Trouble Ticket Initiative – Click Here
April 18, 2014
After a season of disruptions at major East Coast and Northwest ports, opinions are flying about strategies to keep truck deliveries at the terminals moving quickly. We’ve produced a new video to help those concerned with container throughput issues to better understand the system as it exists today. The video walks viewers through a truck turn from the moment it enters the terminal with an empty container to the time it leaves the exit gate with a full load. (Our previous video explored truck queues outside the terminal gates.)
I encourage you to watch the video and share it with your constituents. The video is available by clicking on the image above or through this link
Compared to several other North American ports that have struggled in recent months with unusually bad weather, operational problems and labor disputes, conditions at the Ports of Los Angeles and Long Beach have been much steadier. In-terminal turn time – the average amount of time a truck is inside a terminal to complete a single transaction – increased gradually from an average of 37.5 minutes during day shifts in February 2013 to 40.6 minutes in February 2014, a rise of about 8%.
Nonetheless, we believe changes underway with several links in the goods movement chain are likely to continue increasing turn times unless we revamp some long-established processes. These ongoing changes include the arrival of ever-larger ships, and the transition in how chassis are owned and managed.
The current random-access system – when any truck can show up at any time to pick up any container – hasn’t changed since containerization began in the early 1960’s. If we’re going to significantly change the results, we need to reevaluate how we deliver containers.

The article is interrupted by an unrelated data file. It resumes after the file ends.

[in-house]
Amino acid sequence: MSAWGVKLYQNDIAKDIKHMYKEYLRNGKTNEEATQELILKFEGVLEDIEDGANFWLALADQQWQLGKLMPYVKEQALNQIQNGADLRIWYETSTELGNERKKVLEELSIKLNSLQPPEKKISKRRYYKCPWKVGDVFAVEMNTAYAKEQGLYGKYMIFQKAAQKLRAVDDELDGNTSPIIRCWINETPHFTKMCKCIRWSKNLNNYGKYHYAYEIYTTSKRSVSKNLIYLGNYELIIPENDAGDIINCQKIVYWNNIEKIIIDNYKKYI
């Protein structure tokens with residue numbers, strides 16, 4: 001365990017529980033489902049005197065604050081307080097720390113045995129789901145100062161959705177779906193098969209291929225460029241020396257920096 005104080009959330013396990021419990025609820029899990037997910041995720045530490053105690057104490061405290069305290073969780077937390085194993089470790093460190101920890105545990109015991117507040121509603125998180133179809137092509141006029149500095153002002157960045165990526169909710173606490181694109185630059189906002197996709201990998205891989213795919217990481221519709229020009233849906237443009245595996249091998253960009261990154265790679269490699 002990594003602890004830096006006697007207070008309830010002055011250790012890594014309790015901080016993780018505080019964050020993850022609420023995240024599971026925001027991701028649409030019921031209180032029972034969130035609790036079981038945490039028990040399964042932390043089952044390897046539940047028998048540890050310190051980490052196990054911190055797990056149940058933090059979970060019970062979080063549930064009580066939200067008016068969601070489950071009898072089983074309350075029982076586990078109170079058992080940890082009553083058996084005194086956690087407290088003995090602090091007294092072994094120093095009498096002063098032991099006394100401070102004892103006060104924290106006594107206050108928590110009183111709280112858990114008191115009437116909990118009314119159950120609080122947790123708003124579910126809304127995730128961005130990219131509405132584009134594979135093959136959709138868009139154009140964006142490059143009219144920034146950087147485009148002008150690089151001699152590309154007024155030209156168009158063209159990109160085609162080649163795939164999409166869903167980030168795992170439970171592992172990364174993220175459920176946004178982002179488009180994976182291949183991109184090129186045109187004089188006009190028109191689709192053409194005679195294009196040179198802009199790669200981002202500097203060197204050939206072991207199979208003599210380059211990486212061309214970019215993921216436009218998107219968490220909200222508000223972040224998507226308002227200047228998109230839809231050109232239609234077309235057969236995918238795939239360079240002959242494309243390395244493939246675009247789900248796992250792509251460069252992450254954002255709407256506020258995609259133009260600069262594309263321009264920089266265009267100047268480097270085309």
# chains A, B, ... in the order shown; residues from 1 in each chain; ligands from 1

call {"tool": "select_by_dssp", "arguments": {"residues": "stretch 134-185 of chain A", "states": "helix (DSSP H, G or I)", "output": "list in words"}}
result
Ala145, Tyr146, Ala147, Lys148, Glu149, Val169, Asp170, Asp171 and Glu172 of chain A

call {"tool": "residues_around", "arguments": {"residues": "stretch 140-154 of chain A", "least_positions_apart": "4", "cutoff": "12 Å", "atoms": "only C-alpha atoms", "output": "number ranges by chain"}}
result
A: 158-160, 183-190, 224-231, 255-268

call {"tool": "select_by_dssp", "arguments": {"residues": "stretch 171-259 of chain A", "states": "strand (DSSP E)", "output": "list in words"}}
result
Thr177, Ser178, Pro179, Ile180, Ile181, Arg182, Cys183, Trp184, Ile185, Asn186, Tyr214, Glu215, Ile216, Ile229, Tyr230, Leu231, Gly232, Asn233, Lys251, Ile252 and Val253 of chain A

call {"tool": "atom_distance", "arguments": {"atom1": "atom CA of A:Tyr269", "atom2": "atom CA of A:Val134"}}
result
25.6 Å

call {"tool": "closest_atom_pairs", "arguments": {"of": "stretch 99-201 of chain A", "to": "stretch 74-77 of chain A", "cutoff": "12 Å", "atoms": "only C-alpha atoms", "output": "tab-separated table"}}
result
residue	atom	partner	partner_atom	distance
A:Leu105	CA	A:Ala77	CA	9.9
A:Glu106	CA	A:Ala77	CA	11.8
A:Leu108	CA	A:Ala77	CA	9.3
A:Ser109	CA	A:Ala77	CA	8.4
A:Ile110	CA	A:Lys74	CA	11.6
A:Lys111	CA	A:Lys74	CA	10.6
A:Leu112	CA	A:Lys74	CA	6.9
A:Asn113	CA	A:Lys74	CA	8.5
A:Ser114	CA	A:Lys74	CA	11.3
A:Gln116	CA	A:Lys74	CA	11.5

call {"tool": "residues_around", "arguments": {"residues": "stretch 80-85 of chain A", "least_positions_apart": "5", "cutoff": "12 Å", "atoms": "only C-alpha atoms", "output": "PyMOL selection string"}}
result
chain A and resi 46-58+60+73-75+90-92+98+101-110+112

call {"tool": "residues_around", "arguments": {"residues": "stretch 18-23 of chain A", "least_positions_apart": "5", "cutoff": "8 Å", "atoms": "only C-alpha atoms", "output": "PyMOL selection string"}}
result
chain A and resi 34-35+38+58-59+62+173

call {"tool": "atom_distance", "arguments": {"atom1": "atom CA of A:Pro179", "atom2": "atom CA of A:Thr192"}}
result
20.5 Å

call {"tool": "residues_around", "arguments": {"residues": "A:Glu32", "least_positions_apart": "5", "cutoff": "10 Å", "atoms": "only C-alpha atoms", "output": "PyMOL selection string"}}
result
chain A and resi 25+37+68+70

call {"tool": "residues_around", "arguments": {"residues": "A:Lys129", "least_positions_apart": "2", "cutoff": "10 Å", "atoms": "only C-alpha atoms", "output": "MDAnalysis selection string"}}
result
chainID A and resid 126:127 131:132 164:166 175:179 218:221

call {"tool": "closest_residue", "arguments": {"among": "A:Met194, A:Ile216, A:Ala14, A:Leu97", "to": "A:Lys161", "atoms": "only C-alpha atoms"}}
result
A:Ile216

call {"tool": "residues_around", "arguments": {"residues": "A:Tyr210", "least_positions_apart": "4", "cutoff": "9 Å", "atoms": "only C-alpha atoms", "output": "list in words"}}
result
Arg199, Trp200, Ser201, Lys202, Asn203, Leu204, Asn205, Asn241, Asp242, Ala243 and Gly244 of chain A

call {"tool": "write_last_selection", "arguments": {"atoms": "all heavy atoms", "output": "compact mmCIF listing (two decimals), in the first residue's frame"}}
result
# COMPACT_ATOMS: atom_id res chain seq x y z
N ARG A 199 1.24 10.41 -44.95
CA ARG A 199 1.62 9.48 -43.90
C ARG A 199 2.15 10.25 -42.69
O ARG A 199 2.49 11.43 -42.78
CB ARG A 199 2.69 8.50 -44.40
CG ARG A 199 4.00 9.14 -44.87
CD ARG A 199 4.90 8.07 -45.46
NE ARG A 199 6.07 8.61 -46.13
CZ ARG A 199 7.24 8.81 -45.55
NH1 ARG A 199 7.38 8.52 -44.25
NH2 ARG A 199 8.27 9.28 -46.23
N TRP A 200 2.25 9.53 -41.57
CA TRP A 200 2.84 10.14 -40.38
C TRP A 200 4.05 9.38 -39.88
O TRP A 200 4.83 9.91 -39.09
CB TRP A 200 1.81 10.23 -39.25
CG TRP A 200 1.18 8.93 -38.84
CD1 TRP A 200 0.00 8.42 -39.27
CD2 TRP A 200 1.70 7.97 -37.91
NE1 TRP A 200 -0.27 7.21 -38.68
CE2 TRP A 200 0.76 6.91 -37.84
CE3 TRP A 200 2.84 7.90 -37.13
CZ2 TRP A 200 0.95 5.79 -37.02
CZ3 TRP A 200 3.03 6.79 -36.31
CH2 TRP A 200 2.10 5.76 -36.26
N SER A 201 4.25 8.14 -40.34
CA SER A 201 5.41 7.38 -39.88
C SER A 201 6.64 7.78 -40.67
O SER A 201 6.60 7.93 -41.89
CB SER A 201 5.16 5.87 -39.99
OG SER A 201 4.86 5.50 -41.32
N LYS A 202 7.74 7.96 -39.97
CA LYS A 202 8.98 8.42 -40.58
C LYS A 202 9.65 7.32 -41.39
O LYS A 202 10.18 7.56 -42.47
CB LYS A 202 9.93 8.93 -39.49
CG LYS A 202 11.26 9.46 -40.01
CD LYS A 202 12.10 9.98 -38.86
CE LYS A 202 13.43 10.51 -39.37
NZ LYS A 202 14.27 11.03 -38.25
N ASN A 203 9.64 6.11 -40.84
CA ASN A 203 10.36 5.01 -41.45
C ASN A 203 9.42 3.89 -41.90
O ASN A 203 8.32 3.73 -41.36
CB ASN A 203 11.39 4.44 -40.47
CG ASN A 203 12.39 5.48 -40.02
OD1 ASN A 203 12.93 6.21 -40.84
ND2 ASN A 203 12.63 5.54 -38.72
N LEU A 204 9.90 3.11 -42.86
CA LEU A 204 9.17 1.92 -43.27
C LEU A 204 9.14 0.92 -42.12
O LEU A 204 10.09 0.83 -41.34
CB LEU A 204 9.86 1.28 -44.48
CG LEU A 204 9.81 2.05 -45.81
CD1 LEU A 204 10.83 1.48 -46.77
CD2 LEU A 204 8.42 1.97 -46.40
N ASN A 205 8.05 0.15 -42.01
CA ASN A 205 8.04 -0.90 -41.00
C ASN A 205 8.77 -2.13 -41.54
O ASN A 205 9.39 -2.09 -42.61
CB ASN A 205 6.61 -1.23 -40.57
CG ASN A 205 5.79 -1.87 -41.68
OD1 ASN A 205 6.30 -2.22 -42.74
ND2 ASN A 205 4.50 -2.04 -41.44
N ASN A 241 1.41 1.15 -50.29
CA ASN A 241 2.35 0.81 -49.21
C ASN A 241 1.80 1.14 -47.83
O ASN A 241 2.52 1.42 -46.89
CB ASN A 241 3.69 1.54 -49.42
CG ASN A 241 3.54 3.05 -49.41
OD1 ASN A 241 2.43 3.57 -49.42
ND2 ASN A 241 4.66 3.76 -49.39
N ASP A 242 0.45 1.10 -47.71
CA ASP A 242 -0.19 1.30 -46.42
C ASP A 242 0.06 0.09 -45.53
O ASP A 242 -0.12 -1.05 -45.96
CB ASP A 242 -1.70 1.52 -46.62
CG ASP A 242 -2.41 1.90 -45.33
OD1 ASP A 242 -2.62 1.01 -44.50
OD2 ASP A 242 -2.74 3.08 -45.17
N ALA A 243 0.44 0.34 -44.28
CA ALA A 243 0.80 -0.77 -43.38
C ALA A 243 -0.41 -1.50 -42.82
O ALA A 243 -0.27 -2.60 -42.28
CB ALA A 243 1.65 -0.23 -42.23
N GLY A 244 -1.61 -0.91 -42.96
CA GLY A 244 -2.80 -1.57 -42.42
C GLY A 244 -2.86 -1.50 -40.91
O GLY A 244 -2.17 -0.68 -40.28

The terminal operators and other stakeholders are looking at a range of potential tools to maintain throughput velocity under these changing conditions. Possible delivery improvements under study include pre-staging containers for bulk delivery (also known as free flow), pre-entering truck and cargo information into terminal computer systems, and using cellphone lots and smartphone applications to better coordinate truck arrivals and shift traffic out of gate lines.
President and CEO, PierPass Inc.
January 24, 2014
Time to Face the Real Problems with Port Trucking
Bruce Wargo | Jan 24, 2014 10:00AM EST
From: Bruce Wargo, President and CEO, PierPass Inc.
As someone involved with or interested in the Ports of Los Angeles and Long Beach, I believe you will want to know about efforts underway that could raise the cost of moving cargo through these ports.
Within our existing Peak and OffPeak shifts, there is plenty of available capacity for additional cargo. During the second half of the OffPeak shift (11:00 p.m. to 3:00 a.m.), many terminals are seeing very little volume, and volumes are also often light during weekday mornings.
Nonetheless, certain trucking interests and their allies have called for mandating terminal gates at the Ports of Los Angeles and Long Beach to remain open 24 hours a day, seven days a week, and want to impose penalties on terminals when turn times exceed a threshold.
The terminal operators believe these efforts are based on both faulty data and a failure to face the real problems with harbor trucking. In an effort to cut through to the truth, I wrote an opinion piece I wrote that was published Friday in the Journal of Commerce.
The article can be viewed here , and I’ve pasted a copy below.
Published in the Journal of Commerce (https://www.joc.com)
Like death and taxes, it seems certain that wrangling between trucking companies and marine terminals over truck turn times will always be with us.
Trucking interests and their allies have called for mandating terminal gates at the Ports of Los Angeles and Long Beach to remain open 24 hours a day, seven days a week, and want to impose penalties on terminals when turn times exceed a threshold. These efforts are misguided, based on both faulty data and a failure to face the real problems with harbor trucking.
Imposing such measures would achieve precisely the opposite of the intended effect, by significantly increasing the cost of doing business at the Ports of Los Angeles and Long Beach, driving away discretionary cargo, and thus reducing revenue opportunity for drivers and trucking companies serving the ports.
The turn time issue is a diversion that lets the trucking industry remain in denial about the real problems – too many trucks for the current volume of cargo, and inefficient port trucking practices.
Truckers face a big challenge to their economic model, which was built around used trucks that cost $15,000. Now they have new $100,000 trucks mandated by California and port clean air rules, and it’s a challenge for them to cover that increased cost under the current harbor trucking model.